The process of weight loss usually comes with the following disclaimer: This is going to hurt. But for Chirag Bhatt, who works with Etihad Airways, it’s been a fun process.
When the 32-year-old was at 117kg, his uric acid would accumulate and give him gout pain around his ankle – which was susceptible to flare ups even 10 years after a healed ligament tear. Still, says Bhatt, he’s always been generally active – even at this weight, he could run around and enjoyed the occasional bout of cricket.
In March 2019, Bhatt’s company ran a two-month competition for its employees, to see who could lose how much weight. “I went for this, because all my friends and colleagues went for this,” he says.
“When I went and gave my weight – it was 117 – the person who was doing the [weigh-in] was like, nobody is having so much of weight so you have a good chance of winning. Which kind of hurt me,” says Bhatt. With mixed feelings, he decided that this would be his turning point. “In those 60 days, the company basically gave us certain tasks to complete, so we had to do 6 sessions of cycling at the Yas Marina Circuit, the F1 circuit...one circuit is like 5.7km. I have done 5-6 sessions of that. Then, mandatory we had to complete 6 sessions of Cross Fit. I used to run 20 minutes daily and 40 mins walk. And I used to climb 7 floors to my house daily,” he says. It may have been tough, but it was fun, because he did it with his peers. What also helped was when the compliments began to pour in - the reinforcement was precious.
Except for the classes that were compulsory, he did not go to any; "I haven't been to a gym in six months," he says. He did keep up the walking and running though. And he took a hatchet to his meal plan.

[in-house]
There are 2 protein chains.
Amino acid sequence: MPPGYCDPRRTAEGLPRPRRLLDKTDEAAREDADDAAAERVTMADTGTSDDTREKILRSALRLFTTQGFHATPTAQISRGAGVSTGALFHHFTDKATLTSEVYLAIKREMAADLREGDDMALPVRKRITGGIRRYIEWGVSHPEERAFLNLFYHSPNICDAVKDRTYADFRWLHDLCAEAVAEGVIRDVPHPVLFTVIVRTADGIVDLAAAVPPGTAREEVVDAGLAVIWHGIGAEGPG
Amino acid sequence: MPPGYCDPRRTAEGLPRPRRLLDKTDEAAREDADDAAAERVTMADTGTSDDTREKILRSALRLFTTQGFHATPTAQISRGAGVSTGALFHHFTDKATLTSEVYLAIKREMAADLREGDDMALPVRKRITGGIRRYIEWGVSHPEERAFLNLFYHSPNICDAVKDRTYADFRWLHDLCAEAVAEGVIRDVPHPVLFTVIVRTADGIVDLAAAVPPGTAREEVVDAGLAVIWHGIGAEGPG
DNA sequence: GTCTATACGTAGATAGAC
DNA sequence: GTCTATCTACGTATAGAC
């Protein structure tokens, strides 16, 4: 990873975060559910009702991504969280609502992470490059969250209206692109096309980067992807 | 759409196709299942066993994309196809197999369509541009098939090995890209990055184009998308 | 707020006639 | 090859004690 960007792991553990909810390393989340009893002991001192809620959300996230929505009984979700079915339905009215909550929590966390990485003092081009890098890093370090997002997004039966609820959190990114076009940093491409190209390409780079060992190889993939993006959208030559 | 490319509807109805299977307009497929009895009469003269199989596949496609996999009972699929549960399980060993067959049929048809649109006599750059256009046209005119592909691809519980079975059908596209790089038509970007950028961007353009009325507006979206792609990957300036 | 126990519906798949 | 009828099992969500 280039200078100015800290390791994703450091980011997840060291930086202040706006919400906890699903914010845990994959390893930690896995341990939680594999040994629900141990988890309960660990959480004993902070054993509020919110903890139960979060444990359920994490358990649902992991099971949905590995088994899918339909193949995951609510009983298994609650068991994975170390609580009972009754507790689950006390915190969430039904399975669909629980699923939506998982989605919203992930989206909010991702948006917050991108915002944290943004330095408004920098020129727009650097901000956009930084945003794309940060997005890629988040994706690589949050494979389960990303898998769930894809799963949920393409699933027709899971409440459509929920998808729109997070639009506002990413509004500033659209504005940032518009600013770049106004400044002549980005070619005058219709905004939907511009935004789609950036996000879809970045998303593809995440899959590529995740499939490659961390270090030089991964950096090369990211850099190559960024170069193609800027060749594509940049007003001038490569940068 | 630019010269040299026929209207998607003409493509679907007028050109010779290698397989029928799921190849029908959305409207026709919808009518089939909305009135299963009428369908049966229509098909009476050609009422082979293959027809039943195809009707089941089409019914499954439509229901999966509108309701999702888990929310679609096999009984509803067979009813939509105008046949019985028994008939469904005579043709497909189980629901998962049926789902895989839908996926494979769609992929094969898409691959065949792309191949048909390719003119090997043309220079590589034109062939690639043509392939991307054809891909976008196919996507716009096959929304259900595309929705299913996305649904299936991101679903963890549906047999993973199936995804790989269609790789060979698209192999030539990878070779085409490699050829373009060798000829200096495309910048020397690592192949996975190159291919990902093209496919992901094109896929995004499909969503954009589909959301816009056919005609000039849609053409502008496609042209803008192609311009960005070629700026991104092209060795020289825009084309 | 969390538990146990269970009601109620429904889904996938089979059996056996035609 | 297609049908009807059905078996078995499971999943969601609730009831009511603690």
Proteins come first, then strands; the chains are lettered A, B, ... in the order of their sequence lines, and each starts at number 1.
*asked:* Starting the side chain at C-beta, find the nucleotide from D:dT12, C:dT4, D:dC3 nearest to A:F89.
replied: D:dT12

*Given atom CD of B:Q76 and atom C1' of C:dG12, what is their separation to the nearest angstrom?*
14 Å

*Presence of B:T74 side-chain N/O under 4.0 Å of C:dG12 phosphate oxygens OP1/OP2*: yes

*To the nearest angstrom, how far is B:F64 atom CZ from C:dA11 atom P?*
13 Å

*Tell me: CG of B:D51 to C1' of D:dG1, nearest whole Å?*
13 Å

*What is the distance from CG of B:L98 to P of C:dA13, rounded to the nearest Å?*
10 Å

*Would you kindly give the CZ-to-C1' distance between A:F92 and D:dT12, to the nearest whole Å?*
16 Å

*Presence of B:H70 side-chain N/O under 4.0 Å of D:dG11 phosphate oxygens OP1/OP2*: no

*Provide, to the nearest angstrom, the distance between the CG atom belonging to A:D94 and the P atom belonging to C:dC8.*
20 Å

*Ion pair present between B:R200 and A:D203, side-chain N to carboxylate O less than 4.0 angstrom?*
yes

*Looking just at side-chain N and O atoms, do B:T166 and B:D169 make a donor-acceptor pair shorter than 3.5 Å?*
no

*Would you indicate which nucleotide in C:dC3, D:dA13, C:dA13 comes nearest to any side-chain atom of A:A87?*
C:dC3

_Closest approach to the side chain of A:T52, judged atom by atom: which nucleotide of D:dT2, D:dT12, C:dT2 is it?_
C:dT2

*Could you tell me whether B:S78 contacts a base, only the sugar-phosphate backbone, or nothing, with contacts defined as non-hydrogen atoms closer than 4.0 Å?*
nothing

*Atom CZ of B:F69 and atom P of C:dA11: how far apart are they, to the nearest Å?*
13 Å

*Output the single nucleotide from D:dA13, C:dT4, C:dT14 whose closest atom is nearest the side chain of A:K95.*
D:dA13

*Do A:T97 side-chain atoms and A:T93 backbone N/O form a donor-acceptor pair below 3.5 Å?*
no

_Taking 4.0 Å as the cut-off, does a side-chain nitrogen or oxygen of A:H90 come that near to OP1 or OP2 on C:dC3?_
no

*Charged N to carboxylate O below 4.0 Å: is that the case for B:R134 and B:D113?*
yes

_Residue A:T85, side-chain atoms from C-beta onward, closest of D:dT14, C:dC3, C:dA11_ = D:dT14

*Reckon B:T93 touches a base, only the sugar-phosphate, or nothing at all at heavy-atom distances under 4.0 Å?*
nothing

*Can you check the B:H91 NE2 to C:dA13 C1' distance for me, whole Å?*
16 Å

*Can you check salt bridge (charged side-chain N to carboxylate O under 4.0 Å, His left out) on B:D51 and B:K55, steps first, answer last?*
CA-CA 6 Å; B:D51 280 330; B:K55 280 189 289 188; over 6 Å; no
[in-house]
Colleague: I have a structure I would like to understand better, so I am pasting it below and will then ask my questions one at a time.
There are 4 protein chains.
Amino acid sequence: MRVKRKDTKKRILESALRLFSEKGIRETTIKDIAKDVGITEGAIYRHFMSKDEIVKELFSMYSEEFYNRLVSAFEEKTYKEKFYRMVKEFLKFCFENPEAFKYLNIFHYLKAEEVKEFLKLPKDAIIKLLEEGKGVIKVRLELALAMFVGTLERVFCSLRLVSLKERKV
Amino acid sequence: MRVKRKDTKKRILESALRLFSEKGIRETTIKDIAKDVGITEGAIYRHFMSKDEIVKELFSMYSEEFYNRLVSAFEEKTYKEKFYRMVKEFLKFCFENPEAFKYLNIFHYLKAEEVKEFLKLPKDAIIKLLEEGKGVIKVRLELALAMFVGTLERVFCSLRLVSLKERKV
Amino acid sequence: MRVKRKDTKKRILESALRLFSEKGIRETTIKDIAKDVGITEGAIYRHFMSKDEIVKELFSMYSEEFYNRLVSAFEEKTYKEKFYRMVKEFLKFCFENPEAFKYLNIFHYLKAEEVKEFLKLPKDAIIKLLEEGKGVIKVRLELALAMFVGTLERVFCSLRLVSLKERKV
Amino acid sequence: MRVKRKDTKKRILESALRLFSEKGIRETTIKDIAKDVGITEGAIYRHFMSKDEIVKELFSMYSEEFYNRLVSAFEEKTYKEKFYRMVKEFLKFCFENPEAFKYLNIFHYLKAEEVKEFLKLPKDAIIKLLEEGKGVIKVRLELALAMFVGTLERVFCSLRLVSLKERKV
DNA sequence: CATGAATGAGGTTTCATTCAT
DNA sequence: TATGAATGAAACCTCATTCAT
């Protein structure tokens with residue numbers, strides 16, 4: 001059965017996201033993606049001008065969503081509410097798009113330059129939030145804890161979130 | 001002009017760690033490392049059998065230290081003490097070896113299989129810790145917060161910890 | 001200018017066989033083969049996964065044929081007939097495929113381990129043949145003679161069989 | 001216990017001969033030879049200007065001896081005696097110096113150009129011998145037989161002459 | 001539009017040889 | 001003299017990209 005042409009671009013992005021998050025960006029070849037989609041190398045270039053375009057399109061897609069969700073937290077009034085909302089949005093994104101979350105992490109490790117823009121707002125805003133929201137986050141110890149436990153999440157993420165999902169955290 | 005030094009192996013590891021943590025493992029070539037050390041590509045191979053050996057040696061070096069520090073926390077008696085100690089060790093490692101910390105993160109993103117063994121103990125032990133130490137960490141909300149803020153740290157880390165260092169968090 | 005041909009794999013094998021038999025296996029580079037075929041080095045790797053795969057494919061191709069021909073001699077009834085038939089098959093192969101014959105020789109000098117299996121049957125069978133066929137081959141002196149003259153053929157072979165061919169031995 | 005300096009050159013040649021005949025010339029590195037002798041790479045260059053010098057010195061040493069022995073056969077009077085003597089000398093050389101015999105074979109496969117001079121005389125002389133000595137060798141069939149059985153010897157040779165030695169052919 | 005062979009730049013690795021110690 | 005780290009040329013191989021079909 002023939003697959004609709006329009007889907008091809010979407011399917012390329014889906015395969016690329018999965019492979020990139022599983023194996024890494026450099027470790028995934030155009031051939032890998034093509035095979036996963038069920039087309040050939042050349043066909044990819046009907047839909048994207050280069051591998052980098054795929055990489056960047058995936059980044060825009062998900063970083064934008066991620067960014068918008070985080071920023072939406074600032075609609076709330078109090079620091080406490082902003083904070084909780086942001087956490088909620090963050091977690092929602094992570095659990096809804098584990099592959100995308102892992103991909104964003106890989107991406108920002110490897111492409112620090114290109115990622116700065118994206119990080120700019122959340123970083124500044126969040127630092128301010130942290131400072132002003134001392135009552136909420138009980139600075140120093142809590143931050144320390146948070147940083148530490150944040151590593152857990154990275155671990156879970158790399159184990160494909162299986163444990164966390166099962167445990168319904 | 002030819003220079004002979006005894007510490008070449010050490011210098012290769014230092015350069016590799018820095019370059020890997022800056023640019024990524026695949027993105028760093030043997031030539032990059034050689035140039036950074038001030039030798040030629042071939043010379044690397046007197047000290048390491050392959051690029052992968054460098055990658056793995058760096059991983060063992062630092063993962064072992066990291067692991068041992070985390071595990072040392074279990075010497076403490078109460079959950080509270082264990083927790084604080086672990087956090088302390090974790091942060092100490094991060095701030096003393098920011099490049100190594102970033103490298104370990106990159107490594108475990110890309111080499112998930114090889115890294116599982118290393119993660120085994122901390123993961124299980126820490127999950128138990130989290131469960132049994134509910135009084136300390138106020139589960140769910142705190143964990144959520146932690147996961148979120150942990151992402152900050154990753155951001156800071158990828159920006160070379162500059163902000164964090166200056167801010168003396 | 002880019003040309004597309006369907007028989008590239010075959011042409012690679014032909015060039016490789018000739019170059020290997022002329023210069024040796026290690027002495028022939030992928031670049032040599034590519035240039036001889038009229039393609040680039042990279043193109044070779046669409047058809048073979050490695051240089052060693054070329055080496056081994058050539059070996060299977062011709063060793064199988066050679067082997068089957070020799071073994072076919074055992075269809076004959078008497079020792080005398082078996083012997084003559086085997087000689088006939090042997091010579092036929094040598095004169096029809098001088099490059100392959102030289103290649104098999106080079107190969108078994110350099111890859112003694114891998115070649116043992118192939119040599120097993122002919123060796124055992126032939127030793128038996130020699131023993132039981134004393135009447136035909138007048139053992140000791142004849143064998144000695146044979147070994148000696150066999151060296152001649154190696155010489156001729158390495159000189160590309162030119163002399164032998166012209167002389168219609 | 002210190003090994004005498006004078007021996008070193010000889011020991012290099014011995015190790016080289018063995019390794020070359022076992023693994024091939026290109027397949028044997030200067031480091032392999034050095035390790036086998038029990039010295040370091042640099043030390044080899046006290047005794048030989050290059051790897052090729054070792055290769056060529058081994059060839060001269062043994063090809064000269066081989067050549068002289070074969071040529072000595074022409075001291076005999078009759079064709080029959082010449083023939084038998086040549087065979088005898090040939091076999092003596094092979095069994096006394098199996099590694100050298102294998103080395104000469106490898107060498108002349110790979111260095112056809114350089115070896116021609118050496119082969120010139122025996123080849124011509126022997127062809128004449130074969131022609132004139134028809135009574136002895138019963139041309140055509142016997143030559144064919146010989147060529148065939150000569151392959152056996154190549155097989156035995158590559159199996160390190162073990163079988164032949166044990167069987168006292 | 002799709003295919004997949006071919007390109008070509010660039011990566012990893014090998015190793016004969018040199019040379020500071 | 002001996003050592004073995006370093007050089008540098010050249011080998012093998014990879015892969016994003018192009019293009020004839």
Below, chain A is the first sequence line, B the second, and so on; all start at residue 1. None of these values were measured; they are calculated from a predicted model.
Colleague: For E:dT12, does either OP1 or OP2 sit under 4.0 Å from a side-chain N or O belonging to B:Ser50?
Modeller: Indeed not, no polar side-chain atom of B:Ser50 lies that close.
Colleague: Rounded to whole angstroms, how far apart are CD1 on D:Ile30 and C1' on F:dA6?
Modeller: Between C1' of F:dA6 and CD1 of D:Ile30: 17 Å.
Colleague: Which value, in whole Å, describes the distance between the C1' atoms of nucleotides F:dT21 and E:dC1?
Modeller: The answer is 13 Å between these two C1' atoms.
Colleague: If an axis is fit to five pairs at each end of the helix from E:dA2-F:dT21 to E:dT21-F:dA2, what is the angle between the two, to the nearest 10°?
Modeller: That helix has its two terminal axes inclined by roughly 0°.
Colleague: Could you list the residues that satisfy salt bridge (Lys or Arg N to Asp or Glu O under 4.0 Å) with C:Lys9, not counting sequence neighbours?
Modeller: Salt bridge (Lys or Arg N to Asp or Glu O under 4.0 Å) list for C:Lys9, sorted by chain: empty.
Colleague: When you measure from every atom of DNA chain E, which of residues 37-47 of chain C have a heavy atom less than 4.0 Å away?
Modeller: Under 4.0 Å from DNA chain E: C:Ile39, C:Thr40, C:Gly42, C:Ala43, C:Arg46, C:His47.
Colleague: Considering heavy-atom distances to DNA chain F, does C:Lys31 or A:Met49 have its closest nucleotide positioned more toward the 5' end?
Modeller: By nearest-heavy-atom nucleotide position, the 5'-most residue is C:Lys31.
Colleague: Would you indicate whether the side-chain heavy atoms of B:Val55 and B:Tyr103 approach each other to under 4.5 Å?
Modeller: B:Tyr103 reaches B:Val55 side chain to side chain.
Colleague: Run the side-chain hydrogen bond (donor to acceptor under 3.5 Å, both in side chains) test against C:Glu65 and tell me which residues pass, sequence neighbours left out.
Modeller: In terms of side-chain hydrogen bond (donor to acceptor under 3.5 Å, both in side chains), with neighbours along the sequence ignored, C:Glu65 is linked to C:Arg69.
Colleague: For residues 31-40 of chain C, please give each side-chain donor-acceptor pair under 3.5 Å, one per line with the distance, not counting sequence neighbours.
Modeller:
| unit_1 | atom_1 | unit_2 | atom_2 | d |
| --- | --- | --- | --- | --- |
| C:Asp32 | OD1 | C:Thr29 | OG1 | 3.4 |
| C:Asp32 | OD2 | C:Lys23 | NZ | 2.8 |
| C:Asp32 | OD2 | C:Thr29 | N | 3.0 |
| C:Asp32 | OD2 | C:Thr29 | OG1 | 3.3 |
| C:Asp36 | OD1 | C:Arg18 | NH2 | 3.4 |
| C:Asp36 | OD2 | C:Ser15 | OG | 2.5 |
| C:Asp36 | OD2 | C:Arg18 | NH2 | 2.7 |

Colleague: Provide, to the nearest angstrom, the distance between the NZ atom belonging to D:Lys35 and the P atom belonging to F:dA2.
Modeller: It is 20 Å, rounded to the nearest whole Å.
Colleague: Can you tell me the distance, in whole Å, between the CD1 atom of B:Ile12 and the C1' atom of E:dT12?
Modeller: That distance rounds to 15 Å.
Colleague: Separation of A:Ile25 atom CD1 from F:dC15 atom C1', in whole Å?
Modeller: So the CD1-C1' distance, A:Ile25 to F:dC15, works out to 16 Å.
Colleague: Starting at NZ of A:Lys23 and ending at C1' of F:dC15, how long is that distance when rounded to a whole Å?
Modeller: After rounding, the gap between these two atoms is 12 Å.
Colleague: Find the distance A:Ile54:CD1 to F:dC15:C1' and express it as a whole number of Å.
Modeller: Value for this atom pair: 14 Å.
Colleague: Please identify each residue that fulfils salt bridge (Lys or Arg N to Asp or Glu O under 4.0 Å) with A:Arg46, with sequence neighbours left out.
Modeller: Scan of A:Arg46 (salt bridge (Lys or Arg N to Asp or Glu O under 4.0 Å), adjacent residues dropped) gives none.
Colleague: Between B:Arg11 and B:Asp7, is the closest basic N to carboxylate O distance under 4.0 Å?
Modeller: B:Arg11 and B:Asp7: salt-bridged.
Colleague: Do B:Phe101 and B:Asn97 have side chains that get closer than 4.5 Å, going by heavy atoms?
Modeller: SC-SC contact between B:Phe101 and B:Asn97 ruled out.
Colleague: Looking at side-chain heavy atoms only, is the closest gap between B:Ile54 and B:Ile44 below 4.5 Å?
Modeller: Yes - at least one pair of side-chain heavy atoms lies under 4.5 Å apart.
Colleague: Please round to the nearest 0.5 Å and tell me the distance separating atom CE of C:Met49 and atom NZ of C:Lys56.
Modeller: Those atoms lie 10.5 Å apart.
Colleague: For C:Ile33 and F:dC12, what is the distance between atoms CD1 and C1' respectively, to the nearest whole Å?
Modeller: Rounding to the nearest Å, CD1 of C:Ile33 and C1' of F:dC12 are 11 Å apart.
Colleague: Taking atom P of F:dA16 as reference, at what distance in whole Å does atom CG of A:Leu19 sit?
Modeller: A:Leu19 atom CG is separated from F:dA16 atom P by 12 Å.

Bhatt is quick to concede that his love for junk food was one reason he couldn’t drop any kilos. “I’ve reduced my meal by almost 75 per cent,” says Bhatt. “I eat carbs just on alternate days. [The other day I eat only salad.] I used to eat fruit daily. I started eating things which I’d never eaten in my life – like olives, broccoli.” He ate (healthy) things he didn’t particularly like and that automatically meant him cutting down on portion sizes.
Min-morning: Coffee, no sugar. Sometimes sugar in tea.
Lunch: Salad with no meat.
Tea-time: Green apple/nuts (macadamia/walnuts/almonds)
Dinner: Ginger tea with lemon and honey, or if very hungry dal khichri (lentils with veges)
Protein sources: chickpeas, sprouts, hummus
Now, he says, his taste buds have changed. He cannot eat things that are too sweet or too oily. And he's hoping to up his game. “Next, I want to build my body. I’m planning to gain some muscles. My ideal weight should be 78-80. I’m still on obesity class one,” says.
It has also helped, he says somewhat sheepishly, that his family has relocated to India – it means that he doesn’t need to feel guilty about his stark eating plan. When his wife is around, she feels obligated to eat the same cuisine - and he doesn't want to put anyone else through that.
Still, he insists, his transformation was fun.
2. Exercise, and
3. Healthy food habits.